Navy Captain Who Took Fat Leonard’s Bribes Gets 46 Months in Prison
Dusek is highest-ranking official punished in case involving Asia ship schedules.
The highest ranking Navy official involved in the service’s embarrassing bribery scandal has been sentenced to 46 months in prison.
Navy Capt. Daniel Dusek, who in January 2015 pleaded guilty to one count of conspiracy to commit bribery, will also pay a $70,000 fine and $30,000 in restitution to the Navy in the ruling from San Diego-based District Judge Janis Sammartino.
Dusek admitted that in return for the services of prostitutes, luxury travel, meals and entertainment in 2010, he provided classified information on the Navy’s Yokosuka, Japan-based Seventh Fleet shipping schedules to the Singapore-based defense contractor Glenn Defense Marine Asia, which was run by Leonard Glenn Francis.
Nicknamed “Fat Leonard,” the CEO—whose own sentencing after he switched his plea to guilty is still to come—wrote in an email that Dusek “is a golden asset to drive the big decks (aircraft carriers) into our fat revenue GDMA ports,” according to a Justice Department press release.
Dusek’s plea agreement said on dozens of occasions he hand-delivered Navy ship schedules to the GDMA office in Japan or emailed them directly to Francis or a GDMA employee, always taking steps to avoid detection by law enforcement or Navy personnel.
“Soon after, Francis asked Dusek to exercise his influence on GDMA’s behalf by steering the aircraft carrier USS Abraham Lincoln and its associated strike group to Port Klang, Malaysia – a port terminal owned by Francis,” the release said.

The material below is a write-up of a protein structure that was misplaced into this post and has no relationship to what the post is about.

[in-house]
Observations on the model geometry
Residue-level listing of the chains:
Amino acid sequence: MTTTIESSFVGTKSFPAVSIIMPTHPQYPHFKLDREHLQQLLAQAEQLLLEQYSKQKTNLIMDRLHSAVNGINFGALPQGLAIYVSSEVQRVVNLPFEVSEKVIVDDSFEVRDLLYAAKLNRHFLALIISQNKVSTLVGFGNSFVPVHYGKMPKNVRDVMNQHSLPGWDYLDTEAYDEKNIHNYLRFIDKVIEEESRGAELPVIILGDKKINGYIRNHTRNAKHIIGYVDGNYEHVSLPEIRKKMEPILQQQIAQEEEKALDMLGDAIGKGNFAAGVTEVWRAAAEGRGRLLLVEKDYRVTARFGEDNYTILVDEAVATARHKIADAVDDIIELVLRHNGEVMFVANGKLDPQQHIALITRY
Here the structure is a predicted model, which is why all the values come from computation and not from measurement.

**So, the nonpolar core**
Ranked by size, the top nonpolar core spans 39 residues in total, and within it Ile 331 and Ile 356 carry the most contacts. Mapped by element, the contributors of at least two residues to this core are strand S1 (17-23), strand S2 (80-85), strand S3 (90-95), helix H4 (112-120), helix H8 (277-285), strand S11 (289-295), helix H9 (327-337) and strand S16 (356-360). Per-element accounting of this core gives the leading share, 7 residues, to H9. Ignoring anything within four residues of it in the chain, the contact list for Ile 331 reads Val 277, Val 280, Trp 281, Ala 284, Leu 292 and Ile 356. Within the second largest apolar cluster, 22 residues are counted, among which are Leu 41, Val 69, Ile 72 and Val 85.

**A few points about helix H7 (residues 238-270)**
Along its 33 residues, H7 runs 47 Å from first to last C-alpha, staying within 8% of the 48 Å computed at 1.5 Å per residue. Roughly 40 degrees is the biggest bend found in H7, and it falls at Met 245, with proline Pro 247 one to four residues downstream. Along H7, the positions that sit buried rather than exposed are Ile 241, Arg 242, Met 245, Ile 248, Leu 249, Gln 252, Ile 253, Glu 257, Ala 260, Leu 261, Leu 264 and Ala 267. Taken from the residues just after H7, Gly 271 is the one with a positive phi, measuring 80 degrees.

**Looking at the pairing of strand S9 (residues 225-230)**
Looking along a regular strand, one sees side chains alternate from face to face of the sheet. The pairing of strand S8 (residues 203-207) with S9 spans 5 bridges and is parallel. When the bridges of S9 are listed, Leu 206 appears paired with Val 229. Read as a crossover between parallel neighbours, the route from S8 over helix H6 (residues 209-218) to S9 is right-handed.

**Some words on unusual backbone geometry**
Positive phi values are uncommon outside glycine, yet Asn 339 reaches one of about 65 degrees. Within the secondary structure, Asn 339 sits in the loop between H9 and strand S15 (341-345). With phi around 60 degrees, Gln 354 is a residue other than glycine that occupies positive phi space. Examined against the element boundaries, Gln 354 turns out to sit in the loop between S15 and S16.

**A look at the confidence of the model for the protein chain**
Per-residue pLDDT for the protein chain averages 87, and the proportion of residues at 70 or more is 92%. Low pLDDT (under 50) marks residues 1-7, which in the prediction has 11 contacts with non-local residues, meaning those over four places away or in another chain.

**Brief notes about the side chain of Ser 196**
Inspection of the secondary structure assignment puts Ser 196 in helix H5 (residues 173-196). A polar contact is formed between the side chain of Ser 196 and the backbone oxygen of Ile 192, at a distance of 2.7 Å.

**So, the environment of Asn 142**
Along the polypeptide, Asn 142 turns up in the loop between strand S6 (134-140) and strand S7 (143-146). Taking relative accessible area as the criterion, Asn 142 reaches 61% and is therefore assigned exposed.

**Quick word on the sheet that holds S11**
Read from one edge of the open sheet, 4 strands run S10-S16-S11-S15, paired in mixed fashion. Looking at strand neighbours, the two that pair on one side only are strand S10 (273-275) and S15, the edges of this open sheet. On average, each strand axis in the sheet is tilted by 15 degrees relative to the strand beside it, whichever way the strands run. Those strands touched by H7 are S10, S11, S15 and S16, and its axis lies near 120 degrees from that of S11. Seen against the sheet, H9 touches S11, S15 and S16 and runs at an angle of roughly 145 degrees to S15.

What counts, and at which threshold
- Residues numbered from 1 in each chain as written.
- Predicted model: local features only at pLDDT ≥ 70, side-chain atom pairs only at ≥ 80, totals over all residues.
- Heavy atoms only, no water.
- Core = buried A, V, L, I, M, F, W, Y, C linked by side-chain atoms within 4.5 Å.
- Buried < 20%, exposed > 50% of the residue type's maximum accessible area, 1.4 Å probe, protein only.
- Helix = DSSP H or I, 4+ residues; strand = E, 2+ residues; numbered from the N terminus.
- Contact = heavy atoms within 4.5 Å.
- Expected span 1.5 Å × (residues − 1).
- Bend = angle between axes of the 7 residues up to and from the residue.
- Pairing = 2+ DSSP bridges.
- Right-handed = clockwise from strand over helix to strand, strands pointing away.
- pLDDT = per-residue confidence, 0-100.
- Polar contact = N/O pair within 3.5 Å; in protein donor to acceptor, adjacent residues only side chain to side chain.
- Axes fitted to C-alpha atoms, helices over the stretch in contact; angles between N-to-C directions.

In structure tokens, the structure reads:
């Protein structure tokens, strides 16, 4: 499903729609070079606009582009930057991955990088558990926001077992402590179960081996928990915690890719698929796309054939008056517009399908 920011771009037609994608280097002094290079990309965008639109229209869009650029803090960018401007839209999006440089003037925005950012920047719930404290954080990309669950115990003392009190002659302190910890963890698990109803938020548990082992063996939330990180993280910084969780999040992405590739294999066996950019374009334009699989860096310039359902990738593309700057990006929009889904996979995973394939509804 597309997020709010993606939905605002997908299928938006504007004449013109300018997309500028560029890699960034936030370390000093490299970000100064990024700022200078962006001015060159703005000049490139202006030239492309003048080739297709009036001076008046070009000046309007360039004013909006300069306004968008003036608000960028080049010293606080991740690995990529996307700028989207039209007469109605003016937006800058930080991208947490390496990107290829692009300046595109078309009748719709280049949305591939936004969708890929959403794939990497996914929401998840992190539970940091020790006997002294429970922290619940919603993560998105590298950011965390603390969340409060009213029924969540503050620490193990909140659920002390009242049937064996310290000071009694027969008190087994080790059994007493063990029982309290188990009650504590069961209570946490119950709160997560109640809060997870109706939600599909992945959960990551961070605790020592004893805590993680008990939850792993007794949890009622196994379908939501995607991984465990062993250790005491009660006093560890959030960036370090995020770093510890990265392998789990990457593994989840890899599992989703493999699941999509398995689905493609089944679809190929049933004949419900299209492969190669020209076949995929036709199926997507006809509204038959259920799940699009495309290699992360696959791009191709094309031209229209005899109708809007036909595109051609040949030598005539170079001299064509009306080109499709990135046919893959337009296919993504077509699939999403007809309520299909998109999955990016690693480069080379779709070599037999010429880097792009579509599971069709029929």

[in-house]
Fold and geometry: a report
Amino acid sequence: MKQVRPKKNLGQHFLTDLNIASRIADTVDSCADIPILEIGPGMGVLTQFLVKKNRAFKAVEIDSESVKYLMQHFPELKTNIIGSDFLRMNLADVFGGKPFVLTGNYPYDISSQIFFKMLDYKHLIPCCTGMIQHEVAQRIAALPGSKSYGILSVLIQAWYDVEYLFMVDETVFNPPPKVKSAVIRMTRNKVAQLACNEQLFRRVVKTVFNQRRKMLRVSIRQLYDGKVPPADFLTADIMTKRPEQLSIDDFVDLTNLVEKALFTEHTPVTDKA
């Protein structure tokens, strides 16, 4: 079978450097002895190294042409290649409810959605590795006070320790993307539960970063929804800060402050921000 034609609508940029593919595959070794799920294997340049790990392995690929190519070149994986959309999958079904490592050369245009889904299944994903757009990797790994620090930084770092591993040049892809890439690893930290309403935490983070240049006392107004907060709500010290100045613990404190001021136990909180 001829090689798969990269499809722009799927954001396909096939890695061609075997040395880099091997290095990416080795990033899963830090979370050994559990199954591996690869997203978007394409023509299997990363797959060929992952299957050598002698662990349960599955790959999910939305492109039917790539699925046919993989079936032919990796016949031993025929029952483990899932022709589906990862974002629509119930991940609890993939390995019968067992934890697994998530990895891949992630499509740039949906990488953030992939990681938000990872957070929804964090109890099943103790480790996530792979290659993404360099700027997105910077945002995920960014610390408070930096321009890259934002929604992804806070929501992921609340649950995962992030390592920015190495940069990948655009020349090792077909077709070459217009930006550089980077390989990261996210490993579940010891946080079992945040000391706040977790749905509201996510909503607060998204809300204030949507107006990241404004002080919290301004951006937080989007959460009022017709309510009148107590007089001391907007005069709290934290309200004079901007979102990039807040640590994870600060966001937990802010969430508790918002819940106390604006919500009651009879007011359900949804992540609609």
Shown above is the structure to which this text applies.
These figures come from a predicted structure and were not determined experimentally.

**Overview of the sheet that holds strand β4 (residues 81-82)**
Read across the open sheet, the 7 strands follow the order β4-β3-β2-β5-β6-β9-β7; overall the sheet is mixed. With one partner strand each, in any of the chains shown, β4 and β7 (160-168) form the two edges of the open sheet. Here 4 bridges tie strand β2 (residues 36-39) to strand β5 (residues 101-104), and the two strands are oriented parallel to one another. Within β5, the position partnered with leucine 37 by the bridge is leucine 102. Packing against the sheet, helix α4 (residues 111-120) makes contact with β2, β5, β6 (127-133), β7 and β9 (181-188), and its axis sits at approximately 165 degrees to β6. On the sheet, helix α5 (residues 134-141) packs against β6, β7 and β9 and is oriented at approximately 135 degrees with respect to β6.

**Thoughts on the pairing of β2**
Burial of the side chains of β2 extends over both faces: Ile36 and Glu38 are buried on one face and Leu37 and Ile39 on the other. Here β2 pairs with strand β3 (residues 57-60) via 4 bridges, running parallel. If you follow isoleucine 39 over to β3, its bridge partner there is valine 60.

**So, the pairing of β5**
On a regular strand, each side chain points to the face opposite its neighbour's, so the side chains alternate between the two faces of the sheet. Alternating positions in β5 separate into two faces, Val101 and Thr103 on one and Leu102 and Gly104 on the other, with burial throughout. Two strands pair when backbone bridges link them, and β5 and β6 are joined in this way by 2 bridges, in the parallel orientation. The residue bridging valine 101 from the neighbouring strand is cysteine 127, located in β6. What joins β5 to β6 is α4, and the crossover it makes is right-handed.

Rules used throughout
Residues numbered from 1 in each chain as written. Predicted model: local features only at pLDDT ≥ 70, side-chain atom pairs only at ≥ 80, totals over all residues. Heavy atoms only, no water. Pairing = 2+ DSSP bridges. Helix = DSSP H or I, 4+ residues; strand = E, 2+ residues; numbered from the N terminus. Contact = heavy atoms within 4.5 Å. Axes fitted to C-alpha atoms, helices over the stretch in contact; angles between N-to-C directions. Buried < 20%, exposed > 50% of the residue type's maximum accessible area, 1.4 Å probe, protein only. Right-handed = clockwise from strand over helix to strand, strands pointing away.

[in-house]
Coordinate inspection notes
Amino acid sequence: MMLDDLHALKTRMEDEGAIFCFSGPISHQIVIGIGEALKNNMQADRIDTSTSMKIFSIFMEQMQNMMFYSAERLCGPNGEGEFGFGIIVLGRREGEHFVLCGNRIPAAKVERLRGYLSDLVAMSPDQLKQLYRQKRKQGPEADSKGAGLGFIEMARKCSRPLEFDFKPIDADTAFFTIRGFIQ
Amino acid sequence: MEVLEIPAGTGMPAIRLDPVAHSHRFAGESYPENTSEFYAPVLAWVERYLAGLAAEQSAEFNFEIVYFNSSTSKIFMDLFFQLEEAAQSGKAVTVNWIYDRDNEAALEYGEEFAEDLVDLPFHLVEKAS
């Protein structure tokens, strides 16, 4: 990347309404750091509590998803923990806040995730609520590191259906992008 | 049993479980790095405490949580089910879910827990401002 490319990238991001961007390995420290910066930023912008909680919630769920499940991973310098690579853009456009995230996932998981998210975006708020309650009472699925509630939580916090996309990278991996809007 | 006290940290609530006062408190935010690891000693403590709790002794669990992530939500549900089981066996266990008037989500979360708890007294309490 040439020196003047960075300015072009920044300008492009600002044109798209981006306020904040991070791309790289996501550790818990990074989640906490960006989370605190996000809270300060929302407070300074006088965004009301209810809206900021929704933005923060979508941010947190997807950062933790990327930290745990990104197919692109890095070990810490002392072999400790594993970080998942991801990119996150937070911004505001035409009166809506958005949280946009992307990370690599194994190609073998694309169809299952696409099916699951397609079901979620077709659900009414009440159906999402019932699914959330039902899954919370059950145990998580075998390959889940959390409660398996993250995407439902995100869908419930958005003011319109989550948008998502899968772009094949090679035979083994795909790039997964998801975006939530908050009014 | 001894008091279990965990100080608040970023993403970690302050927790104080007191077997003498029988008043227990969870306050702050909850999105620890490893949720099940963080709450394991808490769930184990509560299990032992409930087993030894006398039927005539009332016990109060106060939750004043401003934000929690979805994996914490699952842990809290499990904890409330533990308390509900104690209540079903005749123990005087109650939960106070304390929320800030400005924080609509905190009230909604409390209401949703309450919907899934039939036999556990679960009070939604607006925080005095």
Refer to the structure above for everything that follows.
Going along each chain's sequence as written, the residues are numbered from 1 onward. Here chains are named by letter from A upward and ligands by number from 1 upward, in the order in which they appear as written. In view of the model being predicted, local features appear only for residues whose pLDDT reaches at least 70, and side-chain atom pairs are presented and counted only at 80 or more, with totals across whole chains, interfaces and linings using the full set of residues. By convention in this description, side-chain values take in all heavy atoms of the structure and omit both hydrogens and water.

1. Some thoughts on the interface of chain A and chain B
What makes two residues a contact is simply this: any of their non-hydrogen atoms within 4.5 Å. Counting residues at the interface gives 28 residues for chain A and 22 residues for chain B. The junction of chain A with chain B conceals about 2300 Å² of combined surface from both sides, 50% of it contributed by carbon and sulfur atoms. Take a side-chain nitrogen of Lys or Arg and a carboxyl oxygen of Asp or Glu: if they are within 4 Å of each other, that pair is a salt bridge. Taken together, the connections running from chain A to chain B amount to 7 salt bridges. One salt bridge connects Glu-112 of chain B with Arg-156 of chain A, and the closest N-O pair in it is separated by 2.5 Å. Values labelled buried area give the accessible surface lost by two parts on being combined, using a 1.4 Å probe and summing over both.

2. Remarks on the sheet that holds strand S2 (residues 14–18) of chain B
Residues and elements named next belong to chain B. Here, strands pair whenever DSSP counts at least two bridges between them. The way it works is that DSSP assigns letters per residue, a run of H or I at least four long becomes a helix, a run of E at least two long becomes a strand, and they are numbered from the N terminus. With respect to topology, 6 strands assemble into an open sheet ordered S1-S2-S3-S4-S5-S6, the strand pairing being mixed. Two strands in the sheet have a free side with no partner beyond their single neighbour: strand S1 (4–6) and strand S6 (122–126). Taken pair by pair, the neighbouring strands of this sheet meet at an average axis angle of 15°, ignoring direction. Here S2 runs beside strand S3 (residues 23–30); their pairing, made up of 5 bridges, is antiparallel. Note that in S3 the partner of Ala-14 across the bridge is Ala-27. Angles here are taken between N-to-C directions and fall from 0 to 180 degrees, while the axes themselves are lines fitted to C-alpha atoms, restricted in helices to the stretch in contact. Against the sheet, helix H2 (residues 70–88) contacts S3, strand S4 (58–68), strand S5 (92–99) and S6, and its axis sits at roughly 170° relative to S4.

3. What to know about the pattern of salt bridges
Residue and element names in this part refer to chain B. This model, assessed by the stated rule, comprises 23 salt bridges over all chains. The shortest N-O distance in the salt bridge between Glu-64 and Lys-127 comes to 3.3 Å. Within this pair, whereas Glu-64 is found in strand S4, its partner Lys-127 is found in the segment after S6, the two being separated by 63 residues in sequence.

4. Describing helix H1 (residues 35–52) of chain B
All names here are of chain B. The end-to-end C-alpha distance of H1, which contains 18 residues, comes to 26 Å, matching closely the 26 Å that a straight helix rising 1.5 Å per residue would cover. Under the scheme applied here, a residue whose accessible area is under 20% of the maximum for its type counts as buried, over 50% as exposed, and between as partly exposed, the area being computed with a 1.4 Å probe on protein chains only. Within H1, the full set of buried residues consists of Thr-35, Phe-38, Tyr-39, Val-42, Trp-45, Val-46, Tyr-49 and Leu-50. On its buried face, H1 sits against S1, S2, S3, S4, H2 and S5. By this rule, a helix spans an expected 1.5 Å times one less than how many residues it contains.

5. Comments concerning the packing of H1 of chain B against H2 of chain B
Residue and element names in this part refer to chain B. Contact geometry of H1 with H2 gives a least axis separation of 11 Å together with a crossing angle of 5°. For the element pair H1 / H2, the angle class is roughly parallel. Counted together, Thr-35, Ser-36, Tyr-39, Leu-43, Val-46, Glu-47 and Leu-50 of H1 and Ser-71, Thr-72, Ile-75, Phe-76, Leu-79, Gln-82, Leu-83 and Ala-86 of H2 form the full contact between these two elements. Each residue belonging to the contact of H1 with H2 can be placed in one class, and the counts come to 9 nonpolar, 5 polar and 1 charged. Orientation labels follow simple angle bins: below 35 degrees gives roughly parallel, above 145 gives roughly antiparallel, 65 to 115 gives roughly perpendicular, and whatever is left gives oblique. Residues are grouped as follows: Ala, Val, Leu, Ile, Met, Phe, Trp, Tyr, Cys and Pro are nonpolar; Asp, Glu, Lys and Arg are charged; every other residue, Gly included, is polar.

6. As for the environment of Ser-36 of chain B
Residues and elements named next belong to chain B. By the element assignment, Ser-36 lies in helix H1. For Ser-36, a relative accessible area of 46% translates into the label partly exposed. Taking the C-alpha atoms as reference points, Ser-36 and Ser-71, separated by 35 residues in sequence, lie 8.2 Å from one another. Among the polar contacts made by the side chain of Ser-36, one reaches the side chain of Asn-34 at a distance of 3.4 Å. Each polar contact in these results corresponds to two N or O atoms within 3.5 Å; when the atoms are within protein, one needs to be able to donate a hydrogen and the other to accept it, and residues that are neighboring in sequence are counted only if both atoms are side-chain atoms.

Dusek replied in a series of emails to GDMA in late August 2010 that he would make it happen. “Good discussion with N00 (Admiral) today and convince[d] him that [Port Klang] is the better choice,” Dusek wrote to Francis on Aug. 21, 2010. Three days later, Dusek reported to Francis that he had “everyone in agreement” that the next Carrier Strike Group through the area of responsibility will stop at the Malaysian port on Oct. 8-12. That port visit cost the United States about $1.6 million, Justice said.
“As a Navy officer, Captain Dusek took an oath to bear true faith and allegiance to the United States,” said Assistant Attorney General Leslie Caldwell. “Instead, he chose self-interest, greed and prurience. And when he learned of the investigation [in September 2013], Captain Dusek deleted his email accounts in an attempt to shield his crimes from law enforcement.”
The sentence was announced Friday by Caldwell of the Criminal Division; U.S. Attorney Laura E. Duffy of the Southern District of California; Director James B. Burch of the Defense Department’s Defense Criminal Investigative Service; Andrew Traver, director of the Naval Criminal Investigative Service; and Anita Bales, director of Defense Contract Audit Agency.
“This outcome again sends the message that corruption will be vigorously investigated and prosecuted,” Burch said. “This is an unfortunate example of dishonorable naval officers who recklessly risked the safety of our troops by trading classified information for cash, extravagant gifts and prostitutes. This investigation should serve as a warning that those who compromise the integrity of the United States will face their day of reckoning.”
So far, 10 individuals have been charged in connection with this scheme; of those, nine have pleaded guilty. Others await sentencing.